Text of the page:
We chatted briefly with a couple from the Upper West Side, but when they claimed they’d never read NYPress, I dismissed them as Michael Moore acolytes and kept my distance. Mrs. Mugger also had to get rough with a crusty lady on the beach who complained about Junior digging holes in the sand too close to her umbrella-chaise lounge setup. “What’s the matter with you,” my wife gruffly asked, defending her pup. “Don’t you like kids?” That shut the hag up and she moved far, far away.

Before we set off for San Juan I told the boys that I’d be speaking only in Spanish once we arrived. This was sort of a whopper, since my college Espanol is shaky at best--“Pig-Espanol,” Mrs. M said. “Muy Pig-Espanol,” my brother Gary added over the phone--but I had a lot of fun teasing them. I’d say, “Andale, Senor Junior; Ay caramba, Senor MUGGER Tres!” and they’d laugh and tell me to knock it off. One night, after three hours of lollygagging by the pool, the boys were in the bath and I went on a Spanish roll; Junior said to my wife, “Mom, I think Dad really needs to get back to New York. He’s ready for the loony bin.”

Saturday afternoon, while the boys played with a lovely sitter named Marisa, and Mrs. M was lounging at the pool reading The White Spider, I ventured into Old San Juan, hoping to see the 17th-century Spanish architecture and maybe find a restaurant that would serve fare a bit more exotic than the Ritz. (Actually, unlike most hotels, the Ritz’s grub was pretty good: arroz con pollo, minced beef stuffed in fried plantains and delectable papaya.) The traffic was clogged, and once I alighted from the cab I was just one of a mob of mostly American tourists, roaming the streets and venturing into the souvenir shops that sold Caribbean knickknacks for dirt-cheap prices. I bought San Juan-manufactured piggy banks for the boys, a rasta voodoo doll for Mike Gentile, religious icons for John Strausbaugh and Katha Kearns and then kicked around like a carefree gent.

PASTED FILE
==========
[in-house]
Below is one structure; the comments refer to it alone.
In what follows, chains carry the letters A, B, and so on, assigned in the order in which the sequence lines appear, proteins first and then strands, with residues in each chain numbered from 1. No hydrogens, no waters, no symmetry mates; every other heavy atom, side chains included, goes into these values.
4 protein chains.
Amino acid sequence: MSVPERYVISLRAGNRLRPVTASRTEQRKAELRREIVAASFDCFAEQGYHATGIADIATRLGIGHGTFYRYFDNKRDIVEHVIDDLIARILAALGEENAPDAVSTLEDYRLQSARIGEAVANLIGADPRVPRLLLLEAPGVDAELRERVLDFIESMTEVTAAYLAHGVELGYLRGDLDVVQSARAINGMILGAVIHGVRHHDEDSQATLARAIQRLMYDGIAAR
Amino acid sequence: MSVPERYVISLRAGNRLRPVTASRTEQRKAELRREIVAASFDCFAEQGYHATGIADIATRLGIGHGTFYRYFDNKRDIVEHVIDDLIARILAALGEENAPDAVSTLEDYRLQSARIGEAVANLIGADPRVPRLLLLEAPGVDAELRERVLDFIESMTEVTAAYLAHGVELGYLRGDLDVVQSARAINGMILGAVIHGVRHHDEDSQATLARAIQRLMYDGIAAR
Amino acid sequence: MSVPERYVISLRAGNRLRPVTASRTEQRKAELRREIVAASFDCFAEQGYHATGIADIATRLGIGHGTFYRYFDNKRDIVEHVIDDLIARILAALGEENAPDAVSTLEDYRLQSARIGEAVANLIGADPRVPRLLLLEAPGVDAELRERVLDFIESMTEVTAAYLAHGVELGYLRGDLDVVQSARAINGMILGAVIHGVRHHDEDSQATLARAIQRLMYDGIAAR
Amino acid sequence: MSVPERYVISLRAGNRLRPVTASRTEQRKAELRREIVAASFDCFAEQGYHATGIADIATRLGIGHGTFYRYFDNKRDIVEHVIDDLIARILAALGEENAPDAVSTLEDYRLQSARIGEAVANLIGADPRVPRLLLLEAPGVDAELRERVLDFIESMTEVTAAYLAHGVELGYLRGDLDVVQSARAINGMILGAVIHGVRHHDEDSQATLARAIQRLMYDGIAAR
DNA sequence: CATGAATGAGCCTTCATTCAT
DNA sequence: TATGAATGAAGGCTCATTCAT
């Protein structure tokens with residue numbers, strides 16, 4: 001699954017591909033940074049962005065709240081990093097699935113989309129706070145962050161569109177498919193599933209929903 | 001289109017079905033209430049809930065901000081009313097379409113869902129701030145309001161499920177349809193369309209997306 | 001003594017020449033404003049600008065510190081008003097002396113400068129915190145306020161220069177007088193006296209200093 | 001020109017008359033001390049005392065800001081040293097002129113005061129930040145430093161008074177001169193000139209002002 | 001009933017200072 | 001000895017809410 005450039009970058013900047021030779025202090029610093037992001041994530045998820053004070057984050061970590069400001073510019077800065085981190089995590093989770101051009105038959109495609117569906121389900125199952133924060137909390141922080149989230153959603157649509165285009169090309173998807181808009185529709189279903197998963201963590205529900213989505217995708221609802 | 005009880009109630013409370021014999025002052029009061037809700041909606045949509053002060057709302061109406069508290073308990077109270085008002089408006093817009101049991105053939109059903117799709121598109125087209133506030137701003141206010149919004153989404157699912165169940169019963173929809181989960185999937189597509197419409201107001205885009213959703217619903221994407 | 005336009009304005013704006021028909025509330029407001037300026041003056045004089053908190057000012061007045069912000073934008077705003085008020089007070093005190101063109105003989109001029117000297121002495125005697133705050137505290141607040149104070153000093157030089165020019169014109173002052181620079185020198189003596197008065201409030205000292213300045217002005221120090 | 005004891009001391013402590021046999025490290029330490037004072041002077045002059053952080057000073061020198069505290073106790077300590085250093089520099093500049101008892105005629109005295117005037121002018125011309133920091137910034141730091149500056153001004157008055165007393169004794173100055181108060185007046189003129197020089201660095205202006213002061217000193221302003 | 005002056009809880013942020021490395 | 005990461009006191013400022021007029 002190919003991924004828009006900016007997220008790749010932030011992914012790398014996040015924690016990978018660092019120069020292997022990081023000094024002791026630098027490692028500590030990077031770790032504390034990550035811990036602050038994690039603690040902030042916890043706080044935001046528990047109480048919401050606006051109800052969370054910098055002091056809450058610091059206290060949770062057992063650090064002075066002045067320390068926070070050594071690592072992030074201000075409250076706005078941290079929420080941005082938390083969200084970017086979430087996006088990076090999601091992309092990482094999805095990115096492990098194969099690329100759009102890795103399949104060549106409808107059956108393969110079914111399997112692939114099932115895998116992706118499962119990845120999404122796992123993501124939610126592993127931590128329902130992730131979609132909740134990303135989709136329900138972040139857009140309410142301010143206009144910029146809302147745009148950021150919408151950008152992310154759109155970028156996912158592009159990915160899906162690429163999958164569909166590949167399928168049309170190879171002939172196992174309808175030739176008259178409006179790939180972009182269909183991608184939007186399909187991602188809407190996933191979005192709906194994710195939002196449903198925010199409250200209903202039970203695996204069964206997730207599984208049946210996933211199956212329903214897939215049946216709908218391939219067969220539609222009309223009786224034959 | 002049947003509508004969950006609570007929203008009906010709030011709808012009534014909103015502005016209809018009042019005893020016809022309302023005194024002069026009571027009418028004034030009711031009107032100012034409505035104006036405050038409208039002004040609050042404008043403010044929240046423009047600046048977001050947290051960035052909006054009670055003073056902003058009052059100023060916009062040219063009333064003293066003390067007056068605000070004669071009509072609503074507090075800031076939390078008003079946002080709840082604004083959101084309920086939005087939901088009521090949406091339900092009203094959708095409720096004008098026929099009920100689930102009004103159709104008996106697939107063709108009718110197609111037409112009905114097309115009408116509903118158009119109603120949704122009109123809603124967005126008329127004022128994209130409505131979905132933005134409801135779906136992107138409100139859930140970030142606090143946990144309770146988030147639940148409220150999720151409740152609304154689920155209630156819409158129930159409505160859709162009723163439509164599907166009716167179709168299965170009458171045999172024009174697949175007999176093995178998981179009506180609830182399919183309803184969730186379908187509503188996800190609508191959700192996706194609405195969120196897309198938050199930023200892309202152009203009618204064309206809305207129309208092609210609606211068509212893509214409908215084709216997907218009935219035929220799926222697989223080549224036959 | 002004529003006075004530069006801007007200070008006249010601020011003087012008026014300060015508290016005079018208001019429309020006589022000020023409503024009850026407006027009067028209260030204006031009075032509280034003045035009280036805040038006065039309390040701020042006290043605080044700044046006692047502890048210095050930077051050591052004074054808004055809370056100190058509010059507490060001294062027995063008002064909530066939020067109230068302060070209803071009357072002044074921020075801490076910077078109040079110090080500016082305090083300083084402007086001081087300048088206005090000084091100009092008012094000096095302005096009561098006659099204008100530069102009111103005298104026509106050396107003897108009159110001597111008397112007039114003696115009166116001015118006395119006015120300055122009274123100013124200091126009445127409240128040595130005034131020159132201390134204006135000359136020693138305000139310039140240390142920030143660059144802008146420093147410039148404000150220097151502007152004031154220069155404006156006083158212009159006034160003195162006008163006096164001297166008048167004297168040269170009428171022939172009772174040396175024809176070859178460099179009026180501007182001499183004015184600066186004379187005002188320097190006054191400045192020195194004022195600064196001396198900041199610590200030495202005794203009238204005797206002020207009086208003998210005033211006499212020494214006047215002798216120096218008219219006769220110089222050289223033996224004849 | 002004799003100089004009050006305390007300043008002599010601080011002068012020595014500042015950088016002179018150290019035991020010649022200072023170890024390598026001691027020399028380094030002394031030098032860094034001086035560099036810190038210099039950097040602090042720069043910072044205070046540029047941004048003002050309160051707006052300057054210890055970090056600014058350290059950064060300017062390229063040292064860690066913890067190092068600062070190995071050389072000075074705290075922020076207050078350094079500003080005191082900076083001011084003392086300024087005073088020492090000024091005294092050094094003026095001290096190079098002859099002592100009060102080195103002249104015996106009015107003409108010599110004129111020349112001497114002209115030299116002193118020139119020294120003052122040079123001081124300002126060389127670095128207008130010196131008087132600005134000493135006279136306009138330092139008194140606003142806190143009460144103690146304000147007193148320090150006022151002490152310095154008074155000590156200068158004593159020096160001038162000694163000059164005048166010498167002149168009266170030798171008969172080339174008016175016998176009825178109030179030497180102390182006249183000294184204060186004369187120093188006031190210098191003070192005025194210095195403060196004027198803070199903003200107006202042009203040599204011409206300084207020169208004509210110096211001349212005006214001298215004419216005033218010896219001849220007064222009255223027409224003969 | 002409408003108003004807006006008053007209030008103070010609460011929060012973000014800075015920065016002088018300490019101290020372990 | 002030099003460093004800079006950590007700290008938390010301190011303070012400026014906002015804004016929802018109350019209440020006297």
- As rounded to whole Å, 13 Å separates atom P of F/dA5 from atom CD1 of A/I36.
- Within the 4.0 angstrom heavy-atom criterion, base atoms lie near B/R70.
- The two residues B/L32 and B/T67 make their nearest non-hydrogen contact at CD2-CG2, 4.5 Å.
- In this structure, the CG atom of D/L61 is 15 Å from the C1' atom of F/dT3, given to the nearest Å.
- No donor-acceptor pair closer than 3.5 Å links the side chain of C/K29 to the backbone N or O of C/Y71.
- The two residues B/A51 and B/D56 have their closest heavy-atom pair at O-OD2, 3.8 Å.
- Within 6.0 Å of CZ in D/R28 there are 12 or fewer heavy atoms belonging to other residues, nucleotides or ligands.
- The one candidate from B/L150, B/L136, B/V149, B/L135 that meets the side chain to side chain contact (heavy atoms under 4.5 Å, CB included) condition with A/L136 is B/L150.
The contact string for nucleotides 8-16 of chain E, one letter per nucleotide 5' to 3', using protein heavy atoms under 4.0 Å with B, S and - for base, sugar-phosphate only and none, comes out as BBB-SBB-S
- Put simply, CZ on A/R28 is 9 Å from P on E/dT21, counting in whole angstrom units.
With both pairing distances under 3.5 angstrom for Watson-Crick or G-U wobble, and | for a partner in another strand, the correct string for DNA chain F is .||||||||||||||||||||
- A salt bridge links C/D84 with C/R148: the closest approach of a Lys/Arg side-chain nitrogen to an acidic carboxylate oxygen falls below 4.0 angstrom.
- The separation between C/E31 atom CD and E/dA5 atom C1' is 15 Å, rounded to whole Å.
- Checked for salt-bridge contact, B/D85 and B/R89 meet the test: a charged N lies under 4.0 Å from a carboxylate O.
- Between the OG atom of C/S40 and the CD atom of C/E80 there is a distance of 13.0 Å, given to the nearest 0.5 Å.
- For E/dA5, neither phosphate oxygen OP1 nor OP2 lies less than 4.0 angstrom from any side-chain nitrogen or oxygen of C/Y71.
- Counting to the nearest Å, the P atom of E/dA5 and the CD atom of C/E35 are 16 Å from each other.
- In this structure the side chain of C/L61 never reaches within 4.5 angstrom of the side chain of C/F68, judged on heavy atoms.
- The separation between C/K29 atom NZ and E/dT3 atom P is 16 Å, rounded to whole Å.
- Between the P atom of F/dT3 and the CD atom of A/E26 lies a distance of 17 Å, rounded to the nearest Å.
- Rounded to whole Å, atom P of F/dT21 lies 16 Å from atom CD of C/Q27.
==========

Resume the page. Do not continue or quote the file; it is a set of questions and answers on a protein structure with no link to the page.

The buildings were indeed gorgeous; various shades of pastels, with floor-to-ceiling windows and lace railings like you see in New Orleans. Only problem was, the first floors were all inhabited by the likes of Hooters, Hard Rock Cafe, McDonald’s, Burger King, Foot Locker, Wendy’s and KFC.

I spent a scant two hours in Old San Juan.

Another afternoon found Mrs. M and me in the Ritz’s casino, which, not surprisingly, was nearly empty at 1 p.m. While she fiddled at the blackjack table, I had my ups and downs playing roulette, annoying the young workers with my naivete, but coming out slightly ahead. It was those damn slot machines that made our 45 minutes in the smoky den a financial downturn; I just couldn’t resist slipping dollar after dollar into the poker machines, and after I’d blown $100 we called it quits, much to the merriment of the bored crew waiting for the high rollers to arrive. I’m a sucker for vices of many kinds.

Fortunately for my Citibank account, gambling isn’t one of them.

JWR contributor "Mugger" is the editor-in-chief and publisher of New York Press. Send your comments to him by clicking here.


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©1998, Russ Smith